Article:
Christians as a “Niche Market”? (Or… What I Learned at the Biola Media Conference)

My overview of the volatile conversations and debates at the Biola Conference is now published at Christianity Today Movies.

As Hollywood continues to catch the “faith wave” by making and marketing more movies to Christians, some of the industry’s major players gathered at a conference in Los Angeles last weekend to discuss the pros and cons of the relatively new trend.
While some are excited about the potential of these efforts, some are also frustrated about the “bad art” that has already spun out of these initiatives—including Dean Batali, a writer who served as executive producer on That 70s Show for six years.

“I’m quite angry at God, actually,” Batali told CT Movies. “I’m angry that he has blessed bad art—even certain Christian films that have been seen by a lot of people. It makes me angry as an artist, because they’re bad. Just because people go see it, that doesn’t make it good.”

When asked if it’s inappropriate to complain about the quality of films that present the gospel, Batali answered, “This is my frustration: The gospel written on toilet paper still saves lives. There’s power in the gospel.”

But he wants Christians to strive for excellence, rather than settling for sentimental entertainment: “I want to see movies about people who don’t get pregnant and don’t win the state championship … and who go ahead and praise God anyway”—an apparent reference to Facing the Giants, where everything goes right for the protagonist (wife gets pregnant, team wins it all) once he gets right with God.

We interviewed Batali and others at the 12th annual Biola Media Conference, which features Christian leaders in the entertainment industry, forward-thinking and creative folks who give seminars and put their heads together to ask questions like, “What’s working? What isn’t? What next?”

That’s just the beginning.

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About Jeffrey Overstreet

Jeffrey Overstreet has two passions: writing fiction, and celebrating art — music, cinema, photography, literature — through writing and teaching. He is the author of a “memoir of dangerous moviegoing” — Through a Screen Darkly. And his four-novel fantasy series, The Auralia Thread, which begins with Auralia's Colors, was published by Random House. He speaks at universities and conferences around the world about understanding art through eyes of faith. He is earning his MFA in Creative Writing at Seattle Pacific University, where he has worked for 11 years as an editor, writer, and communications project manager. His work has been recognized in The New Yorker, TIME, The Seattle Times, IMAGE, Ravi Zacharias International — and Christianity Today, where he served as a film journalist for more than a decade. He recently began a weekly column called "Listening Closer" for Christ and Pop Culture.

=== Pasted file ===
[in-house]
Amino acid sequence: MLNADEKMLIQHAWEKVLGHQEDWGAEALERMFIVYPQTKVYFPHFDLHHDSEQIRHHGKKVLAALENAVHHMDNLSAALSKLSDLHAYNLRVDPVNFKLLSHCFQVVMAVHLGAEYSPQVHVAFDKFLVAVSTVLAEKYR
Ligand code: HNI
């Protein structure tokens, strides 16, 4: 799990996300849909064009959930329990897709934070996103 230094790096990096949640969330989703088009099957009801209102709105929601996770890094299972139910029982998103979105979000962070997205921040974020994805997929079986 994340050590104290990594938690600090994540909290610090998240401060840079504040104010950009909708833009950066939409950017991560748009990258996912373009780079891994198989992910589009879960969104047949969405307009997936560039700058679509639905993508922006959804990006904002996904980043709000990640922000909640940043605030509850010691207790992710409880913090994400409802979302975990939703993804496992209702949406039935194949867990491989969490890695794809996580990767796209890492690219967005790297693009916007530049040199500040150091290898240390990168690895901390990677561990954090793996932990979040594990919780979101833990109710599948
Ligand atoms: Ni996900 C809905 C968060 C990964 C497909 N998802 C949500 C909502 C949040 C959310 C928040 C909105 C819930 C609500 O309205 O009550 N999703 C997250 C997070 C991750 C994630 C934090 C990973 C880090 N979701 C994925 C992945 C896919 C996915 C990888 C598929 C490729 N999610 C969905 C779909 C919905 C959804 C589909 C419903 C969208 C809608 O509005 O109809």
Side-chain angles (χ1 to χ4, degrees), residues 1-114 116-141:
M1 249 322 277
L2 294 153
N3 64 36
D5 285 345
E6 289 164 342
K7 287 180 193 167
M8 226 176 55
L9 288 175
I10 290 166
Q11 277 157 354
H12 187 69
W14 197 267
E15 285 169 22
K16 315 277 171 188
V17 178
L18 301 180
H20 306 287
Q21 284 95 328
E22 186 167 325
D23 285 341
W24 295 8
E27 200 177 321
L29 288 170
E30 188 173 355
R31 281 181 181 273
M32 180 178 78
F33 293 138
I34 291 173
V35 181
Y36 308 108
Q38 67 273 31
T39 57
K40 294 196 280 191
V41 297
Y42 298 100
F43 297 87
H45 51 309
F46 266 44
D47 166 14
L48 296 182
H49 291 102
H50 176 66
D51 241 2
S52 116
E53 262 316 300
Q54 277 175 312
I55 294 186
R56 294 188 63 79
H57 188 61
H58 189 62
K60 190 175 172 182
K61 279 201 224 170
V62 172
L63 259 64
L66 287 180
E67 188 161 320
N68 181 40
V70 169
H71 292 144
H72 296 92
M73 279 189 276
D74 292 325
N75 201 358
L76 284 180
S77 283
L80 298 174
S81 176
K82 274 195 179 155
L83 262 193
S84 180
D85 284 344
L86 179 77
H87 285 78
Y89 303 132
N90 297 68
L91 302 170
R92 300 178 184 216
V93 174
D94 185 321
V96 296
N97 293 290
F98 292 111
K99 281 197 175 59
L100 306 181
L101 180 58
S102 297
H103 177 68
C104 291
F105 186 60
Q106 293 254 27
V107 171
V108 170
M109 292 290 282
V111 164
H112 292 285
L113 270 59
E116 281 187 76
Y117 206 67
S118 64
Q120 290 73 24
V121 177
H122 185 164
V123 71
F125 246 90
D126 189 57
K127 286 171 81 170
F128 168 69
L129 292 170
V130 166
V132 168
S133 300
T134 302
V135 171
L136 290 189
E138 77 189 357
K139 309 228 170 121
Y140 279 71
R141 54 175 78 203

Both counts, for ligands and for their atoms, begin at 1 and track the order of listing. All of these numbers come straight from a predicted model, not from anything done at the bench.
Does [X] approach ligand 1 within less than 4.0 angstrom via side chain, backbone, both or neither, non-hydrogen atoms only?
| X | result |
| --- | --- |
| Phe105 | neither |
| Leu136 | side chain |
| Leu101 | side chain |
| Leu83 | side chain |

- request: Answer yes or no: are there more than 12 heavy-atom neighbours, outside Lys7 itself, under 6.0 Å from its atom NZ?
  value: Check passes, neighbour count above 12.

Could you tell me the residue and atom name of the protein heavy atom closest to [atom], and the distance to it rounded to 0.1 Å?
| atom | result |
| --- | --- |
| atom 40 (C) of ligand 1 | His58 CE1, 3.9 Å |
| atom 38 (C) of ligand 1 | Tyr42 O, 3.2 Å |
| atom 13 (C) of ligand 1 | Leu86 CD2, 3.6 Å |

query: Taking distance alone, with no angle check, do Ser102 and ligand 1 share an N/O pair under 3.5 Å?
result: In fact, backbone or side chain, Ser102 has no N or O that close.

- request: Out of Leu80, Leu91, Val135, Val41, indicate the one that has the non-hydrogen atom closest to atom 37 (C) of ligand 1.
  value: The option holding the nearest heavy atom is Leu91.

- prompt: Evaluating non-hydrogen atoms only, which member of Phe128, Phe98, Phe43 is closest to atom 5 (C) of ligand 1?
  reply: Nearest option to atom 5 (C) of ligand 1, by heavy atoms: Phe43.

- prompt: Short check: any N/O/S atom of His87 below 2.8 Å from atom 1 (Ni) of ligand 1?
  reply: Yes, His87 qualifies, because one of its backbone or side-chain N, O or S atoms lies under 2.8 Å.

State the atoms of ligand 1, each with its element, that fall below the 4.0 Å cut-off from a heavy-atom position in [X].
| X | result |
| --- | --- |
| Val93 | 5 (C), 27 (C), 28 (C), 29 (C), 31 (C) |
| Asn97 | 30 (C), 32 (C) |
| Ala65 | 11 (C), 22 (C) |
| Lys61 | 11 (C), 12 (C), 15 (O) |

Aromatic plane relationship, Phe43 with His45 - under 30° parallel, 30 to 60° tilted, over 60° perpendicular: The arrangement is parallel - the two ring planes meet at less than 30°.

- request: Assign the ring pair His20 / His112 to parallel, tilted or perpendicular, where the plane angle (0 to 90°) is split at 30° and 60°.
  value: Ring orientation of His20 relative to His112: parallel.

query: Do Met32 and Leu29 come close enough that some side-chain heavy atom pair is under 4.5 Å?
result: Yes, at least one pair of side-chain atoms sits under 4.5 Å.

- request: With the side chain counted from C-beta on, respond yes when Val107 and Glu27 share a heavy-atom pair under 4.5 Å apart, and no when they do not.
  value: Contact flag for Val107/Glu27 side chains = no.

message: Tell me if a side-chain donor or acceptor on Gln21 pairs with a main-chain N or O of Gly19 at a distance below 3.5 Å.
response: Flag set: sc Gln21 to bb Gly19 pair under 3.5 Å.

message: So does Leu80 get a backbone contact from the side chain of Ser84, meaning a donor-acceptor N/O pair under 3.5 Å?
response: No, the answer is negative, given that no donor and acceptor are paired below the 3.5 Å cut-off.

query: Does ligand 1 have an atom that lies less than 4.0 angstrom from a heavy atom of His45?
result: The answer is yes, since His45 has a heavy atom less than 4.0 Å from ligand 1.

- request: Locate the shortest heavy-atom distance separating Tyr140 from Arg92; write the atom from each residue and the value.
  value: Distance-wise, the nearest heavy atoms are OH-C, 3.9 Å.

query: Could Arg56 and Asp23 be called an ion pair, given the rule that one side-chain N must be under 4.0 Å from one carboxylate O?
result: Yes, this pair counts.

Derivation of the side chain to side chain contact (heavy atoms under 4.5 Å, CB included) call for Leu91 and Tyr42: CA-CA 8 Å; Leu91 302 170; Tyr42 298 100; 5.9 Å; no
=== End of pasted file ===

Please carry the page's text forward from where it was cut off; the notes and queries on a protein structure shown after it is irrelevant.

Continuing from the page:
• j a n

    I thought you did a great job summarizing the various positions of the debate. If interested, you inspired me to respond and post my own response:

  • Martin

    It sounds like the conference was all over the map on the major questions it was supposed to address. Did you feel any sense of consensus, or of a way forward?

    I go back and forth on the question of evangelical niche markets. (See Sean Gaffney’s blog on the confusion caused by saying “Christian” when we mean “evangelical.”) Just because I don’t have much use for such markets doesn’t mean that someone else couldn’t. When I go the neighborhood rec center, I’m glad there’s a kiddie pool, but I’m also glad the lifeguards don’t try to make me swim in it.

  • Jeffrey Overstreet

    Martin, I agree.

    That’s why, in the article, I concluded with questions like this one:

    And what about success? What will Christian filmmakers do if they succeed the way Facing the Giants did, turning a $100,000 project into a $10 million box office surprise? Is financial success a sign of God’s blessing, a sign of merely appealing to a niche market’s wants, or a reflection of an audience that doesn’t demand artistic excellence?

    And don’t worry… I enjoy your snarky remarks. I didn’t take anything personally. I just pushed back for the fun of it. ;)

  • Martin

    I’ve been thinking a lot about the admittedly snarky comment I made that prompted Jeffrey’s rebuke. I’ve done a little more reading about Batali since then. It certainly wasn’t my intent to hurt his feelings, imply anything about his character, or question his qualifications to comment on art.

    But I haven’t changed my mind about That ’70s Show, and to defend it by saying it’s a better-than-average sitcom that’s funnier than Friends is surely to damn it with faint praise.

    Perhaps a less offensive way to get at my point is to say that I’m puzzled over why Batali says he’s “angry at God” for “blessing” bad art. I don’t think the success of any work of art (whether or not it has a religious theme) is a sign of God’s blessing—we could surely question God’s taste if that were the case. And I don’t think the success of bad art (again, irrespective of religious themes) is any reason to be angry at God. If God had a policy of not allowing bad art to succeed, it’s just possible that That ’70s Show would’ve hit the dustbin halfway through its first season.